3. Organisational Difficulties: Problems with organisation and time management can result in forgotten homework, misplaced materials, and challenges in meeting deadlines.
  4. Social Interactions: ADHD can affect a child’s social skills, making it challenging to navigate friendships and group activities. This may lead to feelings of isolation or being misunderstood.
  5. Academic Underachievement: Despite their potential, children with ADHD may struggle to reach their academic goals due to the impact of ADHD symptoms on learning and performance.

Why Exam Results Aren’t the Be-All and End-All

In the UK, we’re often conditioned to see exam results as the ultimate metric of academic achievement prevails.

However, for children grappling with ADHD, it’s important to challenge the notion that exam results are the definitive measure of their abilities or potential.

Children with ADHD often possess an array of talents, strengths, and ‘superpowers’ that might not find accurate representation in standardised exams. Creative thinking, problem-solving skills, and unconventional approaches are valuable assets deserving acknowledgment.

Rather, there’s a better way to interpret success for children with ADHD. Instead of adhering strictly to conventional benchmarks, ‘success’ should rather include ideas of individual progress, growth, and the effort invested.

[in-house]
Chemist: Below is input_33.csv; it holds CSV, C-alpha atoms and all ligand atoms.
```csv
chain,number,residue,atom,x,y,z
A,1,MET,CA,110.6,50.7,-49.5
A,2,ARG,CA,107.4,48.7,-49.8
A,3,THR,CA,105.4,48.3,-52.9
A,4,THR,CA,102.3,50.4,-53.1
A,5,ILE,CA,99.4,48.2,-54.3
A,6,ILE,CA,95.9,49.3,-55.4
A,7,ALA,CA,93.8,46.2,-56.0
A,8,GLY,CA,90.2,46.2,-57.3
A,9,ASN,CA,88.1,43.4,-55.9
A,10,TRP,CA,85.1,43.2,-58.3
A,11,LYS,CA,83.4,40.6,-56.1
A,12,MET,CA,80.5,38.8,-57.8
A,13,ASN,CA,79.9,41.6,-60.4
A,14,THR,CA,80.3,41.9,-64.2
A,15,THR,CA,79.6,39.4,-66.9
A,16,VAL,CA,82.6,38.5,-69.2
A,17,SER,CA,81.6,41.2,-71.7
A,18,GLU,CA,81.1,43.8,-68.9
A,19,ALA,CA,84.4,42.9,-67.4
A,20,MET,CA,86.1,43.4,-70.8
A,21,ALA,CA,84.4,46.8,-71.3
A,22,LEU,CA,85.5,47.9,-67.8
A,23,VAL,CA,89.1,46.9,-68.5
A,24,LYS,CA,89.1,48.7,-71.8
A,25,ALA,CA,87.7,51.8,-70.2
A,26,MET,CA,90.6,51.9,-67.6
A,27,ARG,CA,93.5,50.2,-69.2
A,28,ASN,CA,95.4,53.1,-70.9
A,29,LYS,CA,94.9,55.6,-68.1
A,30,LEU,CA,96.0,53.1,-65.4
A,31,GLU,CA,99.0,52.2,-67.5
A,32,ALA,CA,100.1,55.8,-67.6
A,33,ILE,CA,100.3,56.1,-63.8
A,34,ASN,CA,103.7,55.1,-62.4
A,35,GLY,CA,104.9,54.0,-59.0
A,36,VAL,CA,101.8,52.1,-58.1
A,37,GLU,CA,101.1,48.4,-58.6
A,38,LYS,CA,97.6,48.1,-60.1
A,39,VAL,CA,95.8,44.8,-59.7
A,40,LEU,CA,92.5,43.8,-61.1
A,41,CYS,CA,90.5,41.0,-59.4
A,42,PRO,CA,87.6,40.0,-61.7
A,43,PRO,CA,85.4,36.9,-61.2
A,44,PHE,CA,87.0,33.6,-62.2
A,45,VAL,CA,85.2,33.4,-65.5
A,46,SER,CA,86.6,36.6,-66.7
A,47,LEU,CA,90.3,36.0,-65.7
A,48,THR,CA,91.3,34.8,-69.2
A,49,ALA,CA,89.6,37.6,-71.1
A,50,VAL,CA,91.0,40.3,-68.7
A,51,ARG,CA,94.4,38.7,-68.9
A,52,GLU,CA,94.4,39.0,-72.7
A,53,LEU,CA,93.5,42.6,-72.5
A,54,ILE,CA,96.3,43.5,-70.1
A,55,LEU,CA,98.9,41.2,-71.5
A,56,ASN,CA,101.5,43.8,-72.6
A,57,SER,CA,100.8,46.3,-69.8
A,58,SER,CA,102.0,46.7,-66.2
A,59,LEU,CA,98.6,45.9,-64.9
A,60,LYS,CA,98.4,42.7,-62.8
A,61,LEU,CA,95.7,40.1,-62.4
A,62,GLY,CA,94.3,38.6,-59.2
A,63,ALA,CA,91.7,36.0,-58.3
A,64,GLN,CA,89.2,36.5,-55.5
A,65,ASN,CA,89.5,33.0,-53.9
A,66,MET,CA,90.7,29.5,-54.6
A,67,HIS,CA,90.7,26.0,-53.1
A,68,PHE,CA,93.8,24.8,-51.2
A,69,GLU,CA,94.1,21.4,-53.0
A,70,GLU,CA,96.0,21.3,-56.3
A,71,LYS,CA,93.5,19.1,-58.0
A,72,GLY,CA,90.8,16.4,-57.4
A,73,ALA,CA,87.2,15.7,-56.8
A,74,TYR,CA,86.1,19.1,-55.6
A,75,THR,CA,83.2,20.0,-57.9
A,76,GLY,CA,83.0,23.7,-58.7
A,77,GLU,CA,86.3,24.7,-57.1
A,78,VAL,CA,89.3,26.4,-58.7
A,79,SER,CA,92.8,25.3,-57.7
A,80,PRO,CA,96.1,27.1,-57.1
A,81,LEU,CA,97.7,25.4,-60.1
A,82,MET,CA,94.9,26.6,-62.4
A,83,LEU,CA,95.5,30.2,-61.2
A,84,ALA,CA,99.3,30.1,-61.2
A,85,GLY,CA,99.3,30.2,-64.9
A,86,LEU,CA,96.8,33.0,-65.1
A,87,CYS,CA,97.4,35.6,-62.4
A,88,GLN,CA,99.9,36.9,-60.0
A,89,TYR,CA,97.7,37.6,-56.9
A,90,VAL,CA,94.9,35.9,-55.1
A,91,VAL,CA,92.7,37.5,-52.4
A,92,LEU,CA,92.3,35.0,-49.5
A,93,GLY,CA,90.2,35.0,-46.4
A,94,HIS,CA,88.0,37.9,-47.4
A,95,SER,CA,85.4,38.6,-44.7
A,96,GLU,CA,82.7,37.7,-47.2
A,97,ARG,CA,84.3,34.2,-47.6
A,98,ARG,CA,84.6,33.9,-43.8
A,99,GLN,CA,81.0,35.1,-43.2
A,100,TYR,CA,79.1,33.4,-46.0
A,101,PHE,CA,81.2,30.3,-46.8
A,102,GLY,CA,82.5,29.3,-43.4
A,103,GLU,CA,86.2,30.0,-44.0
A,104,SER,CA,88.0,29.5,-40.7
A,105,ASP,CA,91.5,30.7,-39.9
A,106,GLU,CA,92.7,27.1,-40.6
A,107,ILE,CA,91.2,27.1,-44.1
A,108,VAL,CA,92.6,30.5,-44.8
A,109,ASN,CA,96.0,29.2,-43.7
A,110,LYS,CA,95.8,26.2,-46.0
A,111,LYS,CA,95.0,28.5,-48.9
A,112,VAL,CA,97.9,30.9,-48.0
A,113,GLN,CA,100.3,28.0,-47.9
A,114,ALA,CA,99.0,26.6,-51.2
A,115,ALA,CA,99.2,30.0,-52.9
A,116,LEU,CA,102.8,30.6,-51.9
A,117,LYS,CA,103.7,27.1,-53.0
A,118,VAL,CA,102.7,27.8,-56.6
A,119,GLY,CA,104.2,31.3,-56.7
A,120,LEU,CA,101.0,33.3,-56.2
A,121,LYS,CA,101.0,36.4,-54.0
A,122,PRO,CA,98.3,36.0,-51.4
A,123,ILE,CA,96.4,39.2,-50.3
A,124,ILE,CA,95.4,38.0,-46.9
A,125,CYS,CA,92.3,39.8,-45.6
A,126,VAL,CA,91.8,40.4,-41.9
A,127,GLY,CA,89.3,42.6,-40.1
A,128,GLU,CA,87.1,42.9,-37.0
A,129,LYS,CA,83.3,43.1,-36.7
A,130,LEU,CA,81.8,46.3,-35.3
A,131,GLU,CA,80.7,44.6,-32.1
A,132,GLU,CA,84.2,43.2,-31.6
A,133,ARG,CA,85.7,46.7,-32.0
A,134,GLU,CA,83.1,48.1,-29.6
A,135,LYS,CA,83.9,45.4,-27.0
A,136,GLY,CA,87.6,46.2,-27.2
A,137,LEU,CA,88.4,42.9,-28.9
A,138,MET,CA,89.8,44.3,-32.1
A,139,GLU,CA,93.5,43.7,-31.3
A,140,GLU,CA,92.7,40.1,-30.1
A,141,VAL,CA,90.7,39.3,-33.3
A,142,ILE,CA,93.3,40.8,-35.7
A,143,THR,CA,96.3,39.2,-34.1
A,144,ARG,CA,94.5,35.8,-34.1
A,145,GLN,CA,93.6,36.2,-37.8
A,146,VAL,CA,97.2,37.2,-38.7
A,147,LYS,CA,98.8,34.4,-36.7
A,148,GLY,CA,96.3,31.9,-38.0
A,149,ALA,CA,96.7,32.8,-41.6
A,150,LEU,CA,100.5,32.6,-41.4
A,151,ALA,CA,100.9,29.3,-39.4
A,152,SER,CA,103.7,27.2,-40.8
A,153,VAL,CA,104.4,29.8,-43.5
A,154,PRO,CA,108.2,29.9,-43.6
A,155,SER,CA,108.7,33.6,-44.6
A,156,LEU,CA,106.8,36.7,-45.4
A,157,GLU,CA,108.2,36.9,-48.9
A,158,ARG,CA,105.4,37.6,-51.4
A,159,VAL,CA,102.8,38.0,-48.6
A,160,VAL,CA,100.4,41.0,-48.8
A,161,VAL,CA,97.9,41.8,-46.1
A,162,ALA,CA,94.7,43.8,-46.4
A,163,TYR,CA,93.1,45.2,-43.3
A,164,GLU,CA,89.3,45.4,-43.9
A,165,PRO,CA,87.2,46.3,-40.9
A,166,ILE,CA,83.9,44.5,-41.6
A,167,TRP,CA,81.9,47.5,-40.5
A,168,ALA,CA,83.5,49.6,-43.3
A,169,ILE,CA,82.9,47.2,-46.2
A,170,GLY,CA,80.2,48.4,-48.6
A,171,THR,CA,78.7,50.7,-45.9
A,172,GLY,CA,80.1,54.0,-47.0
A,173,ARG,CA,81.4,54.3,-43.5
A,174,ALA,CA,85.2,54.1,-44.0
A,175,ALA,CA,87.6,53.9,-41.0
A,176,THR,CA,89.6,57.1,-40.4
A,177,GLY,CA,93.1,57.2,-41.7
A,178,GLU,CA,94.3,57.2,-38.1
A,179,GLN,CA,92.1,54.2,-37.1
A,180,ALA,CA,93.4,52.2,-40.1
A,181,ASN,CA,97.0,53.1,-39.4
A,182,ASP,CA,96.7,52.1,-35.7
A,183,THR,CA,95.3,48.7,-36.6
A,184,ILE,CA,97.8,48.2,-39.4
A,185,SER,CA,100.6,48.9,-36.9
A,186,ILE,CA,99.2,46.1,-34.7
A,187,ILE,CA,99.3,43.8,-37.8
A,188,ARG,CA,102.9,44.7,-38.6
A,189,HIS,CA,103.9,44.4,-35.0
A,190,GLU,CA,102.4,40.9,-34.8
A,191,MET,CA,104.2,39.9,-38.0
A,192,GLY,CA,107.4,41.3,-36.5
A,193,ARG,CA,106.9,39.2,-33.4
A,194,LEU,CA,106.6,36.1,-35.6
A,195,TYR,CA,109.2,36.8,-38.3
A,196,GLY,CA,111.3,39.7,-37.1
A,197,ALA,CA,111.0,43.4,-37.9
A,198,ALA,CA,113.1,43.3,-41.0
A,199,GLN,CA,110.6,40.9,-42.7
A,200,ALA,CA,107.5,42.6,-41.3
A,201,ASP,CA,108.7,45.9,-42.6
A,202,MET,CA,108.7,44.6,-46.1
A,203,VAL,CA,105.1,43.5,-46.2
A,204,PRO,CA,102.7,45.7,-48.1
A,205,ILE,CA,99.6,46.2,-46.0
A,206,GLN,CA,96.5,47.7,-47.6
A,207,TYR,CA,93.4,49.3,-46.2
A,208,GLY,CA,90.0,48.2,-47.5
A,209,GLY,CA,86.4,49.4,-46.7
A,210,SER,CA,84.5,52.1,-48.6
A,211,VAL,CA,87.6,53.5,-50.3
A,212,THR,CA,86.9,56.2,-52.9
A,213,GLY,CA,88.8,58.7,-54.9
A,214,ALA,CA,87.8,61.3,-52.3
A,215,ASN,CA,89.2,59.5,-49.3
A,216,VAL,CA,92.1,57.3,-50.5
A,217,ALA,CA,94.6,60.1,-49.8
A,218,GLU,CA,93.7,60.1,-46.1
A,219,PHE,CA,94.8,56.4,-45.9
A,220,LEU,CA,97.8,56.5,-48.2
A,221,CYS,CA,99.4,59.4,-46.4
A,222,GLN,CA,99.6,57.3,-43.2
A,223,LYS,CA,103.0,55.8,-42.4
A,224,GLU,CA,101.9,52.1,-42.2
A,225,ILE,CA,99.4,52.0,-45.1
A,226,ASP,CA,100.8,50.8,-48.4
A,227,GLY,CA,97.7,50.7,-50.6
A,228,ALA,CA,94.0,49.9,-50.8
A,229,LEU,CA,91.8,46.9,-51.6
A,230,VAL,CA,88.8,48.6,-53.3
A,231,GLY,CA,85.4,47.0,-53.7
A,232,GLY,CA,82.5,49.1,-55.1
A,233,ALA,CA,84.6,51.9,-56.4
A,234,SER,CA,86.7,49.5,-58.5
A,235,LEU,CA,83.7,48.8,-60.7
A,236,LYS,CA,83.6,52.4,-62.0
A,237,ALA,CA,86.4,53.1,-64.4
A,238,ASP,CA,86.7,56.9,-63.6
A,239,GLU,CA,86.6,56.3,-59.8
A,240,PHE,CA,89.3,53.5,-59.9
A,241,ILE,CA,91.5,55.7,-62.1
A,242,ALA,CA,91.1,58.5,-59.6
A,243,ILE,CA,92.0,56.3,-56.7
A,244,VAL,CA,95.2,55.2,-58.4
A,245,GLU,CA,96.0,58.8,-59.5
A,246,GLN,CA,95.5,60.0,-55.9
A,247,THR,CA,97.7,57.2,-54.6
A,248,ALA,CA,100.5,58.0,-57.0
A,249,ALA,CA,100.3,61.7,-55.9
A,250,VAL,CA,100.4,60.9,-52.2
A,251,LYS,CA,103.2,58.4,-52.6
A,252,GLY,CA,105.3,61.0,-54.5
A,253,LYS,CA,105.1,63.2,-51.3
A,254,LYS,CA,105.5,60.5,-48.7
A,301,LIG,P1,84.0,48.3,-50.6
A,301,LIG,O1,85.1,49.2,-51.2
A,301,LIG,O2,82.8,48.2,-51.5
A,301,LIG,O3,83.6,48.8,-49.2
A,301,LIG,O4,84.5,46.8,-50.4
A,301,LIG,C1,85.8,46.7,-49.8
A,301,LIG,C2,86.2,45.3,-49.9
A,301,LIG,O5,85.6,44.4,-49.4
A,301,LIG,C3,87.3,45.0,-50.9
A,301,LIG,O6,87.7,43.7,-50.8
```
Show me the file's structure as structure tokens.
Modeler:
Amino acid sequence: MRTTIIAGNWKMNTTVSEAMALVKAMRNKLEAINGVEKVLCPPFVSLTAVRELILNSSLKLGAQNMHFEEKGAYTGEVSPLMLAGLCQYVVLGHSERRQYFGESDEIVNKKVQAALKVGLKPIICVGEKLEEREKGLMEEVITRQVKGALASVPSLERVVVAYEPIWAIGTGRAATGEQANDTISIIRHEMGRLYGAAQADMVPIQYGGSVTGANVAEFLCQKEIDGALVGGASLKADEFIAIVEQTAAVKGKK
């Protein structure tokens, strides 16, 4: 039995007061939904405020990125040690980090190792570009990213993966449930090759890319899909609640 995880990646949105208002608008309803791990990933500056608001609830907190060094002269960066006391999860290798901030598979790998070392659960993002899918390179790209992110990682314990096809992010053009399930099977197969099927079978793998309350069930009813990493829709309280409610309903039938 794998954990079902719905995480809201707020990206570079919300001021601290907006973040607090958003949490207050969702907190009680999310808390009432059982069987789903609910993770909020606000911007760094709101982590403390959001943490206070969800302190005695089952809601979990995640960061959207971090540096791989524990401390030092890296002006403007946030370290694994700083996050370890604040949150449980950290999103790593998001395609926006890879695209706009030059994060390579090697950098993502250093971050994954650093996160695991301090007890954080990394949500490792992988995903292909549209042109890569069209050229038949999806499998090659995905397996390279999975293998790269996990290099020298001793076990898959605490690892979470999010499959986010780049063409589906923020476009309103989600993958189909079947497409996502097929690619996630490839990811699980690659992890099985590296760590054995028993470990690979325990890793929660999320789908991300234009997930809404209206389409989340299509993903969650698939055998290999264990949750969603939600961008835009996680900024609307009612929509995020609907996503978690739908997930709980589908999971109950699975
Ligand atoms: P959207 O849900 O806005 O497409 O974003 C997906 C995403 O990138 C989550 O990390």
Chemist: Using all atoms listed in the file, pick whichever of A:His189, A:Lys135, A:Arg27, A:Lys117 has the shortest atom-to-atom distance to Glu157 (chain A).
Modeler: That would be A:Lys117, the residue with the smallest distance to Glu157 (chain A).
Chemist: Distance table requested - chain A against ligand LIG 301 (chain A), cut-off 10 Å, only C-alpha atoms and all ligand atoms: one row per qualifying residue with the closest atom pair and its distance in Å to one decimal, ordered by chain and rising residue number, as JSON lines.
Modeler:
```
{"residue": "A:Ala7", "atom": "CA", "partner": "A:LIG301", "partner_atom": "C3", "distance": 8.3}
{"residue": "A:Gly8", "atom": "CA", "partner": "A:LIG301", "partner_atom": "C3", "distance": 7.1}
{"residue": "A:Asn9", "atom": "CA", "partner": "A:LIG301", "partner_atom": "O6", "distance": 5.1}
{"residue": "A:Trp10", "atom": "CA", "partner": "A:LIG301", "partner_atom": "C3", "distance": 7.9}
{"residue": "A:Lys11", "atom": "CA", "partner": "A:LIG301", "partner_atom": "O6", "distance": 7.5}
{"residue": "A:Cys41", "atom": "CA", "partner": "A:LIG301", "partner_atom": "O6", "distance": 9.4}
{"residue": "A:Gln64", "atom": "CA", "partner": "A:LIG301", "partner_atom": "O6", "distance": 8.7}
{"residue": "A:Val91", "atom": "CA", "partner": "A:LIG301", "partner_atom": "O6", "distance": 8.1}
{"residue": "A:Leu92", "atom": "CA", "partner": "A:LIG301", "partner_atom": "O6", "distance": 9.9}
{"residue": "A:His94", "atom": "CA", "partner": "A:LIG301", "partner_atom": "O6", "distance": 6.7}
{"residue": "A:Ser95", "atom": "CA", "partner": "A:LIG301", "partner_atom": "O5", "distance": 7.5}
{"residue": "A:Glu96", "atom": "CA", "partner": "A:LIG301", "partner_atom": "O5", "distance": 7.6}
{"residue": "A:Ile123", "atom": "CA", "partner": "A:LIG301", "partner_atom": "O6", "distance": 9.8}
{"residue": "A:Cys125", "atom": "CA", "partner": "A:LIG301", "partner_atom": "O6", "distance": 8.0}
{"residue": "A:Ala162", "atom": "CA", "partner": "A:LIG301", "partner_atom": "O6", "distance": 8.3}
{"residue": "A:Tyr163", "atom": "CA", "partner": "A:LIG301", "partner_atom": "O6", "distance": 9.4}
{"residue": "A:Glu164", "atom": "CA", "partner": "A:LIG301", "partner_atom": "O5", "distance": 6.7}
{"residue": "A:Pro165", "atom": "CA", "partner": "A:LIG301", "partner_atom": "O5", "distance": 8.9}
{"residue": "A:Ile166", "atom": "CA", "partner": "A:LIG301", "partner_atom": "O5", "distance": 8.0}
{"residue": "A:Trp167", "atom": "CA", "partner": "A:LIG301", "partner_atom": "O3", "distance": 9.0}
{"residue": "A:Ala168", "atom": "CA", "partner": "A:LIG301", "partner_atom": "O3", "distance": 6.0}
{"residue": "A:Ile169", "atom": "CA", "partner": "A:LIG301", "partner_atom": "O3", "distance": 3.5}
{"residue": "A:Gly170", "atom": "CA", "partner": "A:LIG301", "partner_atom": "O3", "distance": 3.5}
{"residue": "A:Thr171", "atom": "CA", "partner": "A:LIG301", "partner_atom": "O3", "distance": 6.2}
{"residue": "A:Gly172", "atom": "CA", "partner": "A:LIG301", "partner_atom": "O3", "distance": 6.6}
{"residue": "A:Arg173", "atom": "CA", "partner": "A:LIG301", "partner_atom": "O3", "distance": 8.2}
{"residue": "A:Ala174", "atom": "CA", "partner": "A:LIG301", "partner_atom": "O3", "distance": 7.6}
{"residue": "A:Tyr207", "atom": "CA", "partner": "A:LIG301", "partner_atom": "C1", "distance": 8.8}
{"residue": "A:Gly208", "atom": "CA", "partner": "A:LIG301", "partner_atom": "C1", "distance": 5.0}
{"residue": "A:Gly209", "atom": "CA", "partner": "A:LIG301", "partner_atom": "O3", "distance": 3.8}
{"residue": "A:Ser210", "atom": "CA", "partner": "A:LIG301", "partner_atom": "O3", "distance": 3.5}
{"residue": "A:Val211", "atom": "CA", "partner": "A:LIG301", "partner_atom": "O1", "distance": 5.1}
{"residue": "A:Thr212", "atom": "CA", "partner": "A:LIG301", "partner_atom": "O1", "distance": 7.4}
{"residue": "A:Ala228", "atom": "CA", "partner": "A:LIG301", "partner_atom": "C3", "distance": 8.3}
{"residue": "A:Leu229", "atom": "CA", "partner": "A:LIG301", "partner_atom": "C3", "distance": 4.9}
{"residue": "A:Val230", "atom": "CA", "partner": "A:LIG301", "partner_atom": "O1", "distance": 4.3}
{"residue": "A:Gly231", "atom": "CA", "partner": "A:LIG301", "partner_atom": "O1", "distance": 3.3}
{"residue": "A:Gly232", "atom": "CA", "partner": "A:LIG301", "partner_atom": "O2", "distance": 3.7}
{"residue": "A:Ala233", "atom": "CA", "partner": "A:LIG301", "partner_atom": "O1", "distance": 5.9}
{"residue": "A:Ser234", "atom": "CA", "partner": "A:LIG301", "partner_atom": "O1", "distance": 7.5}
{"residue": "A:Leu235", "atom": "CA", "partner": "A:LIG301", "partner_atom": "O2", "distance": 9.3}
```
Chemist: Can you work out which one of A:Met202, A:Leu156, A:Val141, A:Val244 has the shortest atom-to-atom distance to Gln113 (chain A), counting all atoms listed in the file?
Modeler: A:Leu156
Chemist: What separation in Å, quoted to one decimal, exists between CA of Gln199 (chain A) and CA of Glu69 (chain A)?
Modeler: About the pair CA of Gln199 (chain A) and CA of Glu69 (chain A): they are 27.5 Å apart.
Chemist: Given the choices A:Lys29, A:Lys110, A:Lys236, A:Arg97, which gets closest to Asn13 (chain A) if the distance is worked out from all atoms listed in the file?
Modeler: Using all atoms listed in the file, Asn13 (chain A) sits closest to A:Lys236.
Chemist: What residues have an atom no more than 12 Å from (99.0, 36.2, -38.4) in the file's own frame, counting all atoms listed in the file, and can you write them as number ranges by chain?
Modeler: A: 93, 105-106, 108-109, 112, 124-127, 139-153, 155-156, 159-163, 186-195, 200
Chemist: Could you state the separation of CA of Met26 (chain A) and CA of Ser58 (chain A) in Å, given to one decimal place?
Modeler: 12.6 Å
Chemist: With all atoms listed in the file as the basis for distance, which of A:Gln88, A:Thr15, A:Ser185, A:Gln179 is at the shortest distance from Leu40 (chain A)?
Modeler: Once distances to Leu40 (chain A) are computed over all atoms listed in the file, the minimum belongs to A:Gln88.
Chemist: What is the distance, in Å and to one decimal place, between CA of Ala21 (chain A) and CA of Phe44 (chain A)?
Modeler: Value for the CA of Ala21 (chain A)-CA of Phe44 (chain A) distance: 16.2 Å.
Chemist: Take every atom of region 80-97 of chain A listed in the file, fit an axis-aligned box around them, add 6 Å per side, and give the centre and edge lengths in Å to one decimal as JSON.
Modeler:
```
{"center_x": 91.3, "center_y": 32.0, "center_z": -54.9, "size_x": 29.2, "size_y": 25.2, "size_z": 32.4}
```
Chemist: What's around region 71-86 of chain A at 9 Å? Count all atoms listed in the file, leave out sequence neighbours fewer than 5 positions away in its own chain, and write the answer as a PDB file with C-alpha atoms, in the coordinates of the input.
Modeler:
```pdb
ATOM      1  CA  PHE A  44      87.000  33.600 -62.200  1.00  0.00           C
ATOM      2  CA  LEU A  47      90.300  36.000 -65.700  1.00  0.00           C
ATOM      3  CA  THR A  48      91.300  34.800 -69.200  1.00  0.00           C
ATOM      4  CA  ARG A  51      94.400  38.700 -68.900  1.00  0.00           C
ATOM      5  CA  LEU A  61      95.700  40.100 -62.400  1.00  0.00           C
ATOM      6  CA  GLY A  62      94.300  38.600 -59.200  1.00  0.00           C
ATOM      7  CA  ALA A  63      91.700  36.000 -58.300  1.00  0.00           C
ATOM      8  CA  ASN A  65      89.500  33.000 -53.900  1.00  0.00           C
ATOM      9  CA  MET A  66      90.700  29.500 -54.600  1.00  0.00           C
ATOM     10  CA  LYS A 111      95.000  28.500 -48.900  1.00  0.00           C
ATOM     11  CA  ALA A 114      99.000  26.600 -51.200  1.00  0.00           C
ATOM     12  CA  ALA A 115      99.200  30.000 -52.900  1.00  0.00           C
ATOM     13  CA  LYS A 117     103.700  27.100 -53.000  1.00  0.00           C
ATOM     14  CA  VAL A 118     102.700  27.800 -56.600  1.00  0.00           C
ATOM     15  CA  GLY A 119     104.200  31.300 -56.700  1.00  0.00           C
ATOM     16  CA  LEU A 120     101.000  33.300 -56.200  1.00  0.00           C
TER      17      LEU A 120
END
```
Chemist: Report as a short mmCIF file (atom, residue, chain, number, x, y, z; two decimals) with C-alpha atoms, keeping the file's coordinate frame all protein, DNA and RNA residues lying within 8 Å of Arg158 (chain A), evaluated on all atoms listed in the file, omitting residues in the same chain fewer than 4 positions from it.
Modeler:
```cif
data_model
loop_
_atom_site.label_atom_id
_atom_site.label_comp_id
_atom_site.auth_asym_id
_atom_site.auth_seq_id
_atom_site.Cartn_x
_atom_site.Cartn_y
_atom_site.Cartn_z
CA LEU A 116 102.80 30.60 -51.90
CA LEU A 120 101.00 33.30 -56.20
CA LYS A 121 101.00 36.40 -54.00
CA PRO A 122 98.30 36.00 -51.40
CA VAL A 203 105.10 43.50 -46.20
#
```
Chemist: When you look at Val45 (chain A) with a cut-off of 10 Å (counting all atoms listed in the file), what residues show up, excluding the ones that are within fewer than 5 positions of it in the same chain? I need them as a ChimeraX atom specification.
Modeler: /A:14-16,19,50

Results from a test are just one benchmark of a child’s development; social skills, emotional well-being, and personal resilience are equally crucial. Exploring alternative assessment methods that cater to diverse learning styles, alongside reasonable accommodations, can offer a more accurate representation of a child’s capabilities.

What Is a SENCO?

In the UK, a SENCO, or Special Educational Needs Coordinator, plays a pivotal role in supporting children with ADHD and other special educational needs.

A SENCO is a designated professional within a school responsible for overseeing the provision of special educational needs (SEN) support. Their primary objective is to ensure that every child, regardless of their learning challenges, receives the necessary assistance to thrive academically and personally.

Key Responsibilities of a SENCO:

  • Identification and Assessment: SENCOs work closely with teachers, parents, and external professionals to identify students with special educational needs and facilitate assessments.